All mixed up: the life, death, & life of the cassette mixtape

Cassette tape in the grass by the road

The times you lived through, the people you shared those times with — nothing brings it all to life like an old mixtape.

Rob Sheffield, from Love Is a Mixtape (Three Rivers Press, 2007)

by Helen Meyers

What weight an object has that it can in an instant bring back a memory, a moment long passed. Two cassette tapes have moved from place to place with me for 3 decades. They have hand-written labels and hand-picked songs and can instantly transport me back in time and place and remind me of love. And loss.

Does something virtual carry that same gravity? As we continue to replace actual objects with digital bits, are we losing the power of objects to be the physical waypoints of our life?

As a child of the 1980s I listened to music in multiple formats: vinyl, 8-track tape, cassette tape, and compact disc. 8-tracks were my sister’s music — Diana Ross, Jim Croce, the Beatles. Vinyl was my dad’s Sunday morning blast of Russian composers like Sergei Prokofiev. CDs were the domain of teenage parties in some rich kid’s basement. Cassette tapes were the soundtrack of my teen angst and unrequited love. And the best cassette tape was the one someone made just for you, the mixtape.

Photo of the recording artist Nina by Matthias Wehnert
photo of Nena Kerner by Matthias Wehnert / (used by permission)

My first mixtape arrived in the mail from Belgium in 10th grade, a musical letter from a homesick friend. She’d been sent abroad because her parents couldn’t deal with her anymore. European music was an apocalyptic revelation, one she wanted to share with me. She diligently created a mixtape of her two favorite groups. Side A was a Dutch Ska band, Doe Maar. And Side B was a then unknown German singer, Nena.

The 1980s were still deep in the cold war mentality, with schools doing nuclear drills in anticipation of Russian bombs. Doe Maar’s song “De Bom” seemed to ask, “why bother learning, when the bomb could fall at any minute.” And Nena’s song “99 Luftballons” was a fantasy of what would happen if 99 red balloons floated over the Berlin Wall to the Soviet Sector. “99 Jahre Krieg / Liessen keinen Platz für Sieger” Nena sings like a lullaby. If your lullaby ends in 99 years of cataclysmic war.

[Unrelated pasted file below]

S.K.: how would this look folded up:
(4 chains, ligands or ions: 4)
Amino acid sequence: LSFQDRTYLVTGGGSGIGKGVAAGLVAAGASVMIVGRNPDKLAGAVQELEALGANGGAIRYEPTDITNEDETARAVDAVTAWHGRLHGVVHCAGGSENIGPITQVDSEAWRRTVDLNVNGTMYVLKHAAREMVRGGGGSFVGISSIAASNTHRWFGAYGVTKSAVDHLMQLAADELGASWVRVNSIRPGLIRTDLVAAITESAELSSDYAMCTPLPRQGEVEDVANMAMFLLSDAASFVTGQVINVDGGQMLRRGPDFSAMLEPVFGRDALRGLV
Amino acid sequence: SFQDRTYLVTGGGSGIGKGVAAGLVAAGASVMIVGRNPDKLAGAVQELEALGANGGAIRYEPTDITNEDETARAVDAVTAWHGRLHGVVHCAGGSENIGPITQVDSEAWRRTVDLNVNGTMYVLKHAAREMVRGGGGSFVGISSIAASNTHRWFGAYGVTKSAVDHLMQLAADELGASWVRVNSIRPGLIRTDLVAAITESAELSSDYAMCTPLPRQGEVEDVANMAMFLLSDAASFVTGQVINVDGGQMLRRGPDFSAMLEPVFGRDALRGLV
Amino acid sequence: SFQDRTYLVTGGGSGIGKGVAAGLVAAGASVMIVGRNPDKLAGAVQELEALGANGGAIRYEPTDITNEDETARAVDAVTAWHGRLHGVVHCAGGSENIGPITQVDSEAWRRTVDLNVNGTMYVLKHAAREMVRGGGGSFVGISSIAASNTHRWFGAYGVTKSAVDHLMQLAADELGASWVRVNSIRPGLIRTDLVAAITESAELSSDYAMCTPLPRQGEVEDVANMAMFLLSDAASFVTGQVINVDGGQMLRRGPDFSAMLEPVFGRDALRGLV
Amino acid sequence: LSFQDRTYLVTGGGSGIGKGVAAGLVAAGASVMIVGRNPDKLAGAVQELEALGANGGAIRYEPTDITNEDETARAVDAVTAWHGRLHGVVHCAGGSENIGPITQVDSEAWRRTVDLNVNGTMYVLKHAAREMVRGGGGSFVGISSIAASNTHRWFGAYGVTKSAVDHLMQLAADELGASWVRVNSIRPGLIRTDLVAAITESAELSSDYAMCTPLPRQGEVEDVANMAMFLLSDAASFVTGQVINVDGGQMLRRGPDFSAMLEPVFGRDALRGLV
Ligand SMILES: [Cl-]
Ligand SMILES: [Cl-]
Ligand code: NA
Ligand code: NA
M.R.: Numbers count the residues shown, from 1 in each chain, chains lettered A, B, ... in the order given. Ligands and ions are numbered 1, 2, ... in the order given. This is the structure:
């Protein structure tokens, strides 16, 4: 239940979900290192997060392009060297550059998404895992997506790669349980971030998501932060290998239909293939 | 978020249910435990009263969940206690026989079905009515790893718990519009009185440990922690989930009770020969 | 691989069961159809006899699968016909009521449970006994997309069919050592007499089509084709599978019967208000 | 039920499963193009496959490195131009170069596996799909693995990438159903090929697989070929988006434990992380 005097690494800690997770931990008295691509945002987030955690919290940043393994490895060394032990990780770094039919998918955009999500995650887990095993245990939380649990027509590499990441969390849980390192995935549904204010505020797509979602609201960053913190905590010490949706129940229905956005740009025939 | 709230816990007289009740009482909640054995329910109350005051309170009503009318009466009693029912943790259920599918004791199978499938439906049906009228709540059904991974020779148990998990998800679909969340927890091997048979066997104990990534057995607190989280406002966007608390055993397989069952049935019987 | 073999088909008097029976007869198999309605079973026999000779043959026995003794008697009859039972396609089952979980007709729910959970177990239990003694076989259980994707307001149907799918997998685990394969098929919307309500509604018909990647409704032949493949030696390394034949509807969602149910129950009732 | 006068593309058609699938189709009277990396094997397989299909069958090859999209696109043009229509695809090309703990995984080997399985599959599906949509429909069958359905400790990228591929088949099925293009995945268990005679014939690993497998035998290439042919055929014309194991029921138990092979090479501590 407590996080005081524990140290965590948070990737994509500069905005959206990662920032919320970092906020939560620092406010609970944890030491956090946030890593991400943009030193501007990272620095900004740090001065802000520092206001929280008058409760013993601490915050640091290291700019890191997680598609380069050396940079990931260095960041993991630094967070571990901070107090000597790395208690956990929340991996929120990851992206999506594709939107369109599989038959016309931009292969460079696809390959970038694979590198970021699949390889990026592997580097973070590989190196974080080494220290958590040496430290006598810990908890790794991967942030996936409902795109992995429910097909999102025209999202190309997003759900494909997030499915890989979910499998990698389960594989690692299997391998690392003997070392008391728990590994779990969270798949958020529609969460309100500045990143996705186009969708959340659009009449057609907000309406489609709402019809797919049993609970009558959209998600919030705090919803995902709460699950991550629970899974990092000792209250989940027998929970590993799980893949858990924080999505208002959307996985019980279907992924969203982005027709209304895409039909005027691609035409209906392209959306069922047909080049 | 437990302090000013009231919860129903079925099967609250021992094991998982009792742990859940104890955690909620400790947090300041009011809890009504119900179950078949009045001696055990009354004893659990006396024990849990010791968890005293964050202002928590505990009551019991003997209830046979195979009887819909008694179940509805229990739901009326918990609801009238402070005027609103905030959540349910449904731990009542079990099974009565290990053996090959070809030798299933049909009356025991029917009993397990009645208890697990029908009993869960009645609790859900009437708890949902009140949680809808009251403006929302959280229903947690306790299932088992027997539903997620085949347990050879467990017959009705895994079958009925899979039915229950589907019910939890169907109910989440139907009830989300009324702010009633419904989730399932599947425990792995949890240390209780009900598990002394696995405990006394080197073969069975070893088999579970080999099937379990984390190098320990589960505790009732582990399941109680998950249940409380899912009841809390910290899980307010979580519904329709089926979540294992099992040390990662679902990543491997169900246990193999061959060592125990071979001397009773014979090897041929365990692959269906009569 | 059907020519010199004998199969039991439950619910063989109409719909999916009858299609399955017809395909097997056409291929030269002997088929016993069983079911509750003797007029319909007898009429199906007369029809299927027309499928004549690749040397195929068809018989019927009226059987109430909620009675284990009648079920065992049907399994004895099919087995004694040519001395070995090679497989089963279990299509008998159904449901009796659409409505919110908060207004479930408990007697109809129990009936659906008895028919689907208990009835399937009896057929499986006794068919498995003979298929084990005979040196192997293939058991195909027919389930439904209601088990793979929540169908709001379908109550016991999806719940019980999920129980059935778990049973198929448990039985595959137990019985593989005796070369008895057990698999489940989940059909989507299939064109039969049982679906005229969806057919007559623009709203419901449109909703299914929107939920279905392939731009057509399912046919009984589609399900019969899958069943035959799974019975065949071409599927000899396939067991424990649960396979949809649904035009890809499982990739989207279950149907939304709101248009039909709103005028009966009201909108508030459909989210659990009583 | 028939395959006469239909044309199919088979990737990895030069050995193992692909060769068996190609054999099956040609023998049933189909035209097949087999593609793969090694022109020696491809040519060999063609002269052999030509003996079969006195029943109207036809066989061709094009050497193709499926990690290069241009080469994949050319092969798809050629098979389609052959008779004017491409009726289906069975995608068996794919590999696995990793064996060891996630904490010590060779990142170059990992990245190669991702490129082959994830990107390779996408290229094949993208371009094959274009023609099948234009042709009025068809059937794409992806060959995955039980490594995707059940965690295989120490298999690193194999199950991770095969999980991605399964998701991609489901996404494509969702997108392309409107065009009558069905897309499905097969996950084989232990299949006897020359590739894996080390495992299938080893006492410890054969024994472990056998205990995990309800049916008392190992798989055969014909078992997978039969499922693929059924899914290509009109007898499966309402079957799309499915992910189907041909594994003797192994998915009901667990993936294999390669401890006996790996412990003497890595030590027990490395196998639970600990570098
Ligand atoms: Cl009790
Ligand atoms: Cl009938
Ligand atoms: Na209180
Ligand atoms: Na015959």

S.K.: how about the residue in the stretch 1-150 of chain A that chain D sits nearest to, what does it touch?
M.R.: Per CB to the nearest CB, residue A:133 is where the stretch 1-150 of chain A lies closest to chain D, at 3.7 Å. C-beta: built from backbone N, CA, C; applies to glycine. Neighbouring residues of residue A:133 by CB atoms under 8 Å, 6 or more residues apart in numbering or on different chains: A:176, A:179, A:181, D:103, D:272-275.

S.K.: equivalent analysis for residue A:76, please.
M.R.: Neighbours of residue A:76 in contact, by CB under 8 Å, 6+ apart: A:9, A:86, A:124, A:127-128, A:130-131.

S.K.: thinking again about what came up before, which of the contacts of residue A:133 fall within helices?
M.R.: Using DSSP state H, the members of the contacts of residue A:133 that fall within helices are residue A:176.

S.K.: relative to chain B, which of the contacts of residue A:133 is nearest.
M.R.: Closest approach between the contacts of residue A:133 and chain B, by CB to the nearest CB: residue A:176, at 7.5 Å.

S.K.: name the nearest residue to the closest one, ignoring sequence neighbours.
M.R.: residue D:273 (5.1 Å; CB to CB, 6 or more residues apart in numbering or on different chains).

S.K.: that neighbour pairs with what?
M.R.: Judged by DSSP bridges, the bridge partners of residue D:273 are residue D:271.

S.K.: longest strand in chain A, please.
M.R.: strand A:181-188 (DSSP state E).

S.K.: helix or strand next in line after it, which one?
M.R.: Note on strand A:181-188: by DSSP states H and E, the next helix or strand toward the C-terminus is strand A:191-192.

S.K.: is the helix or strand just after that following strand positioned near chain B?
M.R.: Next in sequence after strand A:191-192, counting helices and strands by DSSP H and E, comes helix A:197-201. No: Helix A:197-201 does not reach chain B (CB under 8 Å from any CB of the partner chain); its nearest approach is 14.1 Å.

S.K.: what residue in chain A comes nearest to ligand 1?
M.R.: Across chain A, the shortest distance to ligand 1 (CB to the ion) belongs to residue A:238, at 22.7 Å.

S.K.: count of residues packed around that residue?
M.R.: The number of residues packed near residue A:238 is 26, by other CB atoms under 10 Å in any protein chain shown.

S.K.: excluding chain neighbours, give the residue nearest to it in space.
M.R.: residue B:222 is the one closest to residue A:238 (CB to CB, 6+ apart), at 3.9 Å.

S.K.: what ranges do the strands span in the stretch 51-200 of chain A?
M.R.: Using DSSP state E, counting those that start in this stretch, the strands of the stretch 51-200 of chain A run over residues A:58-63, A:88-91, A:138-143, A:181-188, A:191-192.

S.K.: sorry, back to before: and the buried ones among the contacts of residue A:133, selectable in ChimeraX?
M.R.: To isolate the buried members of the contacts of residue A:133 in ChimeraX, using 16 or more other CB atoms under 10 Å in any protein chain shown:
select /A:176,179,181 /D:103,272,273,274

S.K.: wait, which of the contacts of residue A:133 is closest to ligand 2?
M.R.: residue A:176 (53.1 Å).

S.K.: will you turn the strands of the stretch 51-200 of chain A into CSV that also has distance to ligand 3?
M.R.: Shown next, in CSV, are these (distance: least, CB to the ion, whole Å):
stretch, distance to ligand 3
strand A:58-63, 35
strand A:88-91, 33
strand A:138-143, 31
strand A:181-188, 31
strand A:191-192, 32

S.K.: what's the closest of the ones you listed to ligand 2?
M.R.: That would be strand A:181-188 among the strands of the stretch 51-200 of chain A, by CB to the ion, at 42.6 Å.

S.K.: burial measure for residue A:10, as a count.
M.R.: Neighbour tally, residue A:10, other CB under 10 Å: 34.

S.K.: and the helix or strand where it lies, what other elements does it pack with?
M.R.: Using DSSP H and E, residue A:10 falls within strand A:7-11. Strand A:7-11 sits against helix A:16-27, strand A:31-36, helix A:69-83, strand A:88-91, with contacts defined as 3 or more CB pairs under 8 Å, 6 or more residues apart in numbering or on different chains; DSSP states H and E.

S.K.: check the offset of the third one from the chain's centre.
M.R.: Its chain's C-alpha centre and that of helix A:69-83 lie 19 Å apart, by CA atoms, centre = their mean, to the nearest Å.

Alas, the Russians do love their children, too. So, instead of nuclear holocaust, the 1980s ended with a different sort of bang. The Berlin Wall coming down opened both the physical and musical borders between East and West Germany. By then, Doe Maar had broken up (though they’re reforming in 2020 for a few shows), and Nena was an international success. She performed at “The Concert for Berlin” in November, 1989, in front of a crowd of unified Germans. And my friend was a divorced teen mom.

Doe Maar Band LP "Skunk"

Getting a mixtape from a friend was nice. But what every teenager wanted was one from the boy/girl they were crushing on. There was a risk, though, of getting an “I love you” mixtape from someone you just considered a friend, or even more horrific, taking the time and trouble to create an “I love you” mixtape for someone who just considered you their friend.

By college I hadn’t given or received either kind of “I love you” mixtape. My senior year I went home for Christmas break, desolate that I’d be away from my boyfriend for a whole month. It was a very happy surprise when I unwrapped his Christmas gift and it was a cassette tape… with a handwritten label.

He and his friend were DJs for our college radio station, and the tape he sent me was formatted like a radio show, with their comedy routine interspersed with songs. The songs they selected told the story of our relationship and led to a final song that finally spoke the words of love I’d been waiting to hear. “Every day, it’s getting’ closer / Goin’ faster than a roller coaster / Love like yours will surely come my way, (hey, hey, hey).”

Photo of "Buddy Holly" street sign by Grossinger /
photo of Buddy Holly street sign by Grossinger / (used by permission)

The jokes still make me laugh. And Buddy Holly’s song “Everyday” is now a bittersweet reminder of the boy who loved me. My boyfriend and I married, had a child, and then divorced. But the mixtape still moves with me from house to house.

Physical mixtapes are now mostly a thing of the past. We can send people playlists via any number of streaming services or send them YouTube videos of the songs that make us think of them. The music version of a 144-character Tweet.

There’s an effort and intention in the creation of a mixtape that we lose when it becomes a virtual experience. The underlying sentiment is “I cared about you enough to invest my time putting this thing together.”

To me, making a tape is like writing a letter — there’s a lot of erasing and rethinking and starting again… You’ve got to kick off with a corker, to hold the attention… Oh, there are loads of rules.

Nick Hornby, from High Fidelity (Riverhead Books, 1996)

Because you’re limited to the length of the cassette tape (usually slightly less than 30 minutes per side) the music must be arranged “just so” because you don’t want to end up with too much dead air at the end of a side. You get really good at hitting the pause button, so one song flows into another without a jarring clicking noise in between.

And the songs do need to flow, they’re telling a story. Of friendship. Of love. And eventually, even of loss.

Clear cassette tape body

photo credits (where not otherwise credited)

“Tape in the grass” / photograph by Roberto Sorin on Shutterstock
“Clear tape” / photograph by Maxim “Max” Bolshakov on Shutterstock